Advertisement

Notes from the Executive Committee

The Executive Committee of the Council of the Queensland Law Society continues its important work in making regulatory decisions, bearing in mind always the need to protect the public, including by upholding the standards of the profession.

The Executive Committee has recently published further information about its procedures on the QLS website.

Last quarter, this update reminded practitioners of their obligations regarding:

  • directorship of ILPs
  • external examination of trust accounts
  • disclosure of suitability matters, show cause events etc.
  • professional indemnity insurance, and
  • timely and courteous communications with the Society.

Several of those themes have remained at the forefront in the committee’s recent reflections.

Disclosure, remorse and insight

The Executive Committee has considered a number of matters where practitioners have failed to disclose events which should have been notified to the Society either shortly after they occurred[1] or when applying for renewal of a practising certificate.

Practitioners should ensure that they are aware of their disclosure obligations under the Legal Profession Act 2007 (the Act) and comply with them promptly.

If, after a disclosure or otherwise, practitioners find themselves needing to make submissions to the Society relating to whether they are a fit and proper person, the committee will be looking for indications that the practitioner truly understands the gravity of their conduct.

The committee assesses fitness at the present time rather than the time of the conduct. Prompt disclosure, together with demonstrations of insight and rehabilitation can provide comfort that the conduct is unlikely to be repeated.

External intervention

In addition to decisions about fitness to hold practising certificates, the Executive Committee makes decisions regarding external interventions into law practices, such as appointing supervisors of trust money or receivers for the law practice, under Chapter 5 of the Act.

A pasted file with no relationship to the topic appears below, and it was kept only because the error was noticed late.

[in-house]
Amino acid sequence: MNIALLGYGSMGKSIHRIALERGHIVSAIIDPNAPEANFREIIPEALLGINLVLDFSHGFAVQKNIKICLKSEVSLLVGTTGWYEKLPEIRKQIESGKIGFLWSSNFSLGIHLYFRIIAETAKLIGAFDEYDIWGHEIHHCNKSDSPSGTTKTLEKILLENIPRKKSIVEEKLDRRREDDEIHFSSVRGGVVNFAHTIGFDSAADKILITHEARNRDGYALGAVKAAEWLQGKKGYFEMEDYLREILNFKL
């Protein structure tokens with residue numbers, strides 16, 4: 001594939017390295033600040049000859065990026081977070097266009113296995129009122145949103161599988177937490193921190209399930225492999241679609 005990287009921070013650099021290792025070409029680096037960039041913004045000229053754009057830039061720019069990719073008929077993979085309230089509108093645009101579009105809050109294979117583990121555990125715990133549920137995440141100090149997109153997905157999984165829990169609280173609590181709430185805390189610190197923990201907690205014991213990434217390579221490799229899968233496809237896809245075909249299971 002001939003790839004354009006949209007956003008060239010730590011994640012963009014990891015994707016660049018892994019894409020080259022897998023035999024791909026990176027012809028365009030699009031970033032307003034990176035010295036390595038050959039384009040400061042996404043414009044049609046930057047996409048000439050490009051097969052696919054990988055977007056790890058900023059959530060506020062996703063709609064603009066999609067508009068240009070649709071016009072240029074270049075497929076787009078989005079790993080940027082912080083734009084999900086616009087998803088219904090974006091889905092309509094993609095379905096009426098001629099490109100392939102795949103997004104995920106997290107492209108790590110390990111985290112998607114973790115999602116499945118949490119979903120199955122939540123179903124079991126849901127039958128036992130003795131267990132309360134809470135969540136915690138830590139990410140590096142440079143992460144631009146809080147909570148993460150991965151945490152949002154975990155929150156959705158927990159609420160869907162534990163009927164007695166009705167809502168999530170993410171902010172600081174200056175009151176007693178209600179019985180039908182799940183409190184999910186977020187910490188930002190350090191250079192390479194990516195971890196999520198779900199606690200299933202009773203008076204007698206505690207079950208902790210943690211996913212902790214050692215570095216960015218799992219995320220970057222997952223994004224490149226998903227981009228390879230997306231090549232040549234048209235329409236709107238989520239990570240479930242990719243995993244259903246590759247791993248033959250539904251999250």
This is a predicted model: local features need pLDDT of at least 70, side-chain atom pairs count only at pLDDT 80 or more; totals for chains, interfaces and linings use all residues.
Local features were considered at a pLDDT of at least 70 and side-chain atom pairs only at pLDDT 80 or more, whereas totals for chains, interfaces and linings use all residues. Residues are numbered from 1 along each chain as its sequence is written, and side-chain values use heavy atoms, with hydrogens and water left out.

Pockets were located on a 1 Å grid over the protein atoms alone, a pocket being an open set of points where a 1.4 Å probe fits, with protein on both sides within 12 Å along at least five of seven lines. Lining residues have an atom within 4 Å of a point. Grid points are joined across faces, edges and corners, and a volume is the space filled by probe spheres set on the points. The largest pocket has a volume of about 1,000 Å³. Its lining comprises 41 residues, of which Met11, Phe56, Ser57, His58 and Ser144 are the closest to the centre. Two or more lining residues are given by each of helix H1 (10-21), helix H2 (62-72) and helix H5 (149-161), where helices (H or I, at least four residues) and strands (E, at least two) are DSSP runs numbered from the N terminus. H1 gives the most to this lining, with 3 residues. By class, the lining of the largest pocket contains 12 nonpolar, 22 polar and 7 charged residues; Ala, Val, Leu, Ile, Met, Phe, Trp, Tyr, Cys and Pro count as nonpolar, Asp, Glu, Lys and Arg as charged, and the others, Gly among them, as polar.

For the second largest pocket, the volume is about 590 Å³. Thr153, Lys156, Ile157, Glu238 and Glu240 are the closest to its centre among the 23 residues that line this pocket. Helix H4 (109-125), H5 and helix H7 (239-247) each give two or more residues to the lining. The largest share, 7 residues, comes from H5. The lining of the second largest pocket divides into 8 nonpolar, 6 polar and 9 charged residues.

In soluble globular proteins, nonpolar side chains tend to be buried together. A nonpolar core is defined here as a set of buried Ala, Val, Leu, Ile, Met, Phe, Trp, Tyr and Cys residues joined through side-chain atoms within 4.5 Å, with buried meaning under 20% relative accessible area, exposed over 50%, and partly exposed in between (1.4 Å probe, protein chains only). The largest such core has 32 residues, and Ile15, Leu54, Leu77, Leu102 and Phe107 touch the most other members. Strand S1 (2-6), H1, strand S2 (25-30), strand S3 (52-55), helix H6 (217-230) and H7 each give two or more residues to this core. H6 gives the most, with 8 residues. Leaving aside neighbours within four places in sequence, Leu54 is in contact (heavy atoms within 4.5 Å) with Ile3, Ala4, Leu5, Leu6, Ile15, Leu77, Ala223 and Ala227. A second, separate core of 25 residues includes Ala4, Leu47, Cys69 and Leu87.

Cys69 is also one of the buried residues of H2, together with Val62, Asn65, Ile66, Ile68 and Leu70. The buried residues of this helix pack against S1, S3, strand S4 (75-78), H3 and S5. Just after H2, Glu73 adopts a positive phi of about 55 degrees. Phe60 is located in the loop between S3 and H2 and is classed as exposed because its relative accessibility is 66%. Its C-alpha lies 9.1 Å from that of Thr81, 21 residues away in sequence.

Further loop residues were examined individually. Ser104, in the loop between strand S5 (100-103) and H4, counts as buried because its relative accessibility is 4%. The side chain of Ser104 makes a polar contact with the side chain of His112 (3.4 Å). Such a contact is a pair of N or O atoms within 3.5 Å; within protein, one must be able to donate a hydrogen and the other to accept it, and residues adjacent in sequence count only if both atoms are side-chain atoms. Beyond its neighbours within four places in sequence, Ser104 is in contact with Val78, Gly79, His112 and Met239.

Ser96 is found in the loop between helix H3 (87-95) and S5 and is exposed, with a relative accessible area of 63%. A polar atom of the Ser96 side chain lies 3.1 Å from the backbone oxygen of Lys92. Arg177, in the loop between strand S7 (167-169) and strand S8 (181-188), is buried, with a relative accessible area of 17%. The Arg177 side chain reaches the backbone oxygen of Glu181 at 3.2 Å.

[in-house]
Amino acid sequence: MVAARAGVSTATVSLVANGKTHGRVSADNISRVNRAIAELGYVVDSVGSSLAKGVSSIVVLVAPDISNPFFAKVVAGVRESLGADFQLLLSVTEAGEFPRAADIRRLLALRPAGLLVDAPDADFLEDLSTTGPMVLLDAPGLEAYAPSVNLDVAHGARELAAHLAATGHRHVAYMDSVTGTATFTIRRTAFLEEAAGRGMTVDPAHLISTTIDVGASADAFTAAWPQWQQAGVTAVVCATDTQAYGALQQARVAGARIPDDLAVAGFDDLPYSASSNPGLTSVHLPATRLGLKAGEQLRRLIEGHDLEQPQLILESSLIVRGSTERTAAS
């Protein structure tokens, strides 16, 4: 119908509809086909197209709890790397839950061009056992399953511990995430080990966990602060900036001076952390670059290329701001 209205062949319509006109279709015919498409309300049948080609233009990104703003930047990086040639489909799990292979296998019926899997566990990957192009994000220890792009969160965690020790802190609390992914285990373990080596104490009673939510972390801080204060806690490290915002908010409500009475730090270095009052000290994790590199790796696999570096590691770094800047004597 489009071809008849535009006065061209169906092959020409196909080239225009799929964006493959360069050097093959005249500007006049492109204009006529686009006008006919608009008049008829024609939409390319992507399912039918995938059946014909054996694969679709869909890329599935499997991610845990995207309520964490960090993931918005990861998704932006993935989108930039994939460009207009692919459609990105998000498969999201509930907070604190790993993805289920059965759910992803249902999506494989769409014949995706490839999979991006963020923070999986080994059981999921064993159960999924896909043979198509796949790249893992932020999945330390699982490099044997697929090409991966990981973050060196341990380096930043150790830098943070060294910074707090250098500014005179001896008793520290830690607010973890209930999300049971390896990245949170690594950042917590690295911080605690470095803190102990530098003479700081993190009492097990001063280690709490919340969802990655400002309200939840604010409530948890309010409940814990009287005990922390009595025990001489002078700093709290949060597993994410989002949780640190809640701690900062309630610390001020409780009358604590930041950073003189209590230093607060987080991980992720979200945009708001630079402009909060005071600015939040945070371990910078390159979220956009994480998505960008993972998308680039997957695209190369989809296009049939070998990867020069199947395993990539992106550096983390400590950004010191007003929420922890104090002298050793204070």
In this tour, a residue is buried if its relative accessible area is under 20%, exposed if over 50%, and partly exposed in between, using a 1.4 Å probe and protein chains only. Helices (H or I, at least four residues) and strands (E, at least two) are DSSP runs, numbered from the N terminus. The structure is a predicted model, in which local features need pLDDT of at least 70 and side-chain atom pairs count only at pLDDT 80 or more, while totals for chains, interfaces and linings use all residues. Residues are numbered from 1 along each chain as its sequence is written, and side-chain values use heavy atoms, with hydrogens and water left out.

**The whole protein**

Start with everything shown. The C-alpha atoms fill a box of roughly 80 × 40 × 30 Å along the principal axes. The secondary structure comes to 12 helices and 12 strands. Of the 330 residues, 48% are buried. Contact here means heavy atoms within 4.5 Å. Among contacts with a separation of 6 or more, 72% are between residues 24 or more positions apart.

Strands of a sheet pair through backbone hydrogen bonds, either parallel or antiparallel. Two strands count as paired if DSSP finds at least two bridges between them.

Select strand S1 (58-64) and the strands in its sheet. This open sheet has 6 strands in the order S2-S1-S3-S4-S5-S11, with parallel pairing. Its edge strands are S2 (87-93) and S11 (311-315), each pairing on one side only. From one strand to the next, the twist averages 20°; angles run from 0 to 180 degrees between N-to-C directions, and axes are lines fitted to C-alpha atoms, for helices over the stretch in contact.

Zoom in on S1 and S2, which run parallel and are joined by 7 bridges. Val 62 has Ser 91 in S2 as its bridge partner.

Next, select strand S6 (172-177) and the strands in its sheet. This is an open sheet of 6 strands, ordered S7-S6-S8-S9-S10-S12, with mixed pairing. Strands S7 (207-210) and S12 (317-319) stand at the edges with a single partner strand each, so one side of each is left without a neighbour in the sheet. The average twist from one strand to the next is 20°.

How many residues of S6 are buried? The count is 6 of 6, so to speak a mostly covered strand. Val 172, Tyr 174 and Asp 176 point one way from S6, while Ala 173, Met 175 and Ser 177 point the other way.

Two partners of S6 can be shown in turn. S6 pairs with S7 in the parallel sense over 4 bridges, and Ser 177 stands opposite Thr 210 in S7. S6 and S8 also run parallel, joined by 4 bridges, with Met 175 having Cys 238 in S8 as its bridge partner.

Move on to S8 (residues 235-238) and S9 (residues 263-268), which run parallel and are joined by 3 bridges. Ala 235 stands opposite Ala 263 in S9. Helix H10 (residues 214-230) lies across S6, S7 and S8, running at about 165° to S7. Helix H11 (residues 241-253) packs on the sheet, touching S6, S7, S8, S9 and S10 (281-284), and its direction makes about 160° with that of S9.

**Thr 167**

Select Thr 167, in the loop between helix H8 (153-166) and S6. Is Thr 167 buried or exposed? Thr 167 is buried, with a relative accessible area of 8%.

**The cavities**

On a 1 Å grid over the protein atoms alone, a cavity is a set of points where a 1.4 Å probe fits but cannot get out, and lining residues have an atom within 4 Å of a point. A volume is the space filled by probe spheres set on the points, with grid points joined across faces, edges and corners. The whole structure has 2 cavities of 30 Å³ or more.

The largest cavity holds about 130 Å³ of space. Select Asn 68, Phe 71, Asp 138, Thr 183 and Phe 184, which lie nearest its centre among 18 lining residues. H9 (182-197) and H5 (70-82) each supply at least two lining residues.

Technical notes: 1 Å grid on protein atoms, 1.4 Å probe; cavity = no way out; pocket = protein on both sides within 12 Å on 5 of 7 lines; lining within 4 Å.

There are a number of reasons why external intervention may be warranted, including where the principal of the law practice ceases to be an Australian legal practitioner due to expiry or cancellation of their practising certificate.

Principals of practices which may become subject to external intervention are provided with a copy of the Regulation division’s submission to the Executive Committee and have the chance to respond.

Recipients of such submissions should bear in mind that whether external intervention is warranted is assessed by reference to criteria in the Act. It is not an opportunity to reopen whether a practising certificate should have been amended, suspended or cancelled.

Communications with QLS staff

The committee has become aware of a number of examples of practitioners behaving in a less than civil manner towards Society staff. Civility is of course expected in all of a practitioner’s professional dealings, as discussed by Justice Philip McMurdo in ‘Civility and Professional Courtesy’.[2]

While being involved in a regulation matter may be stressful, there is no excuse for aggressive or abusive behaviour. As mentioned in the last Notes from the Executive, a practitioner’s manner of dealing with the Society and the broader legal profession can itself be relevant to the committee’s consideration of the person’s fitness to hold a practising certificate.

If, at the end of a regulation matter, a person is unhappy with the decision, there are rights of review contained in the Act that can be pursued. Neither Society staff nor the committee are able to alter decisions that have already been made.

Financial year in review

As the financial year has drawn to a close, we reflect on the types of matters and work of the committee over the past financial year. This year has seen:

  • the committee consider and prepare correspondence for 50 matters
  • of those matters:
    • 60% related to show cause notices
    • 18% related to applications for a grant or renewal of a practising certificate
    • 10% related to lay associate applications, and
    • 12% other matters.

The demographic of practitioners in these matters has been:

  • 75% male
  • 25% female
  • Average age 51 years, and
  • Average PAE 22 years.

We will continue to publish quarterly updates to inform the membership of the work of the committee.

Footnotes
1 Such as show cause events (see section 68 of the Act and the definition of ‘show cause event’ in schedule 2), being charged with a serious offence or being convicted of an offence that would have to be disclosed under the admission rules for an application for admission (see section 57 of the Act).
2 Speech delivered at Queensland Law Society Symposium 2014, Brisbane, 21 March 2014.

Share this article

Leave a Reply

Your email address will not be published.

Search by keyword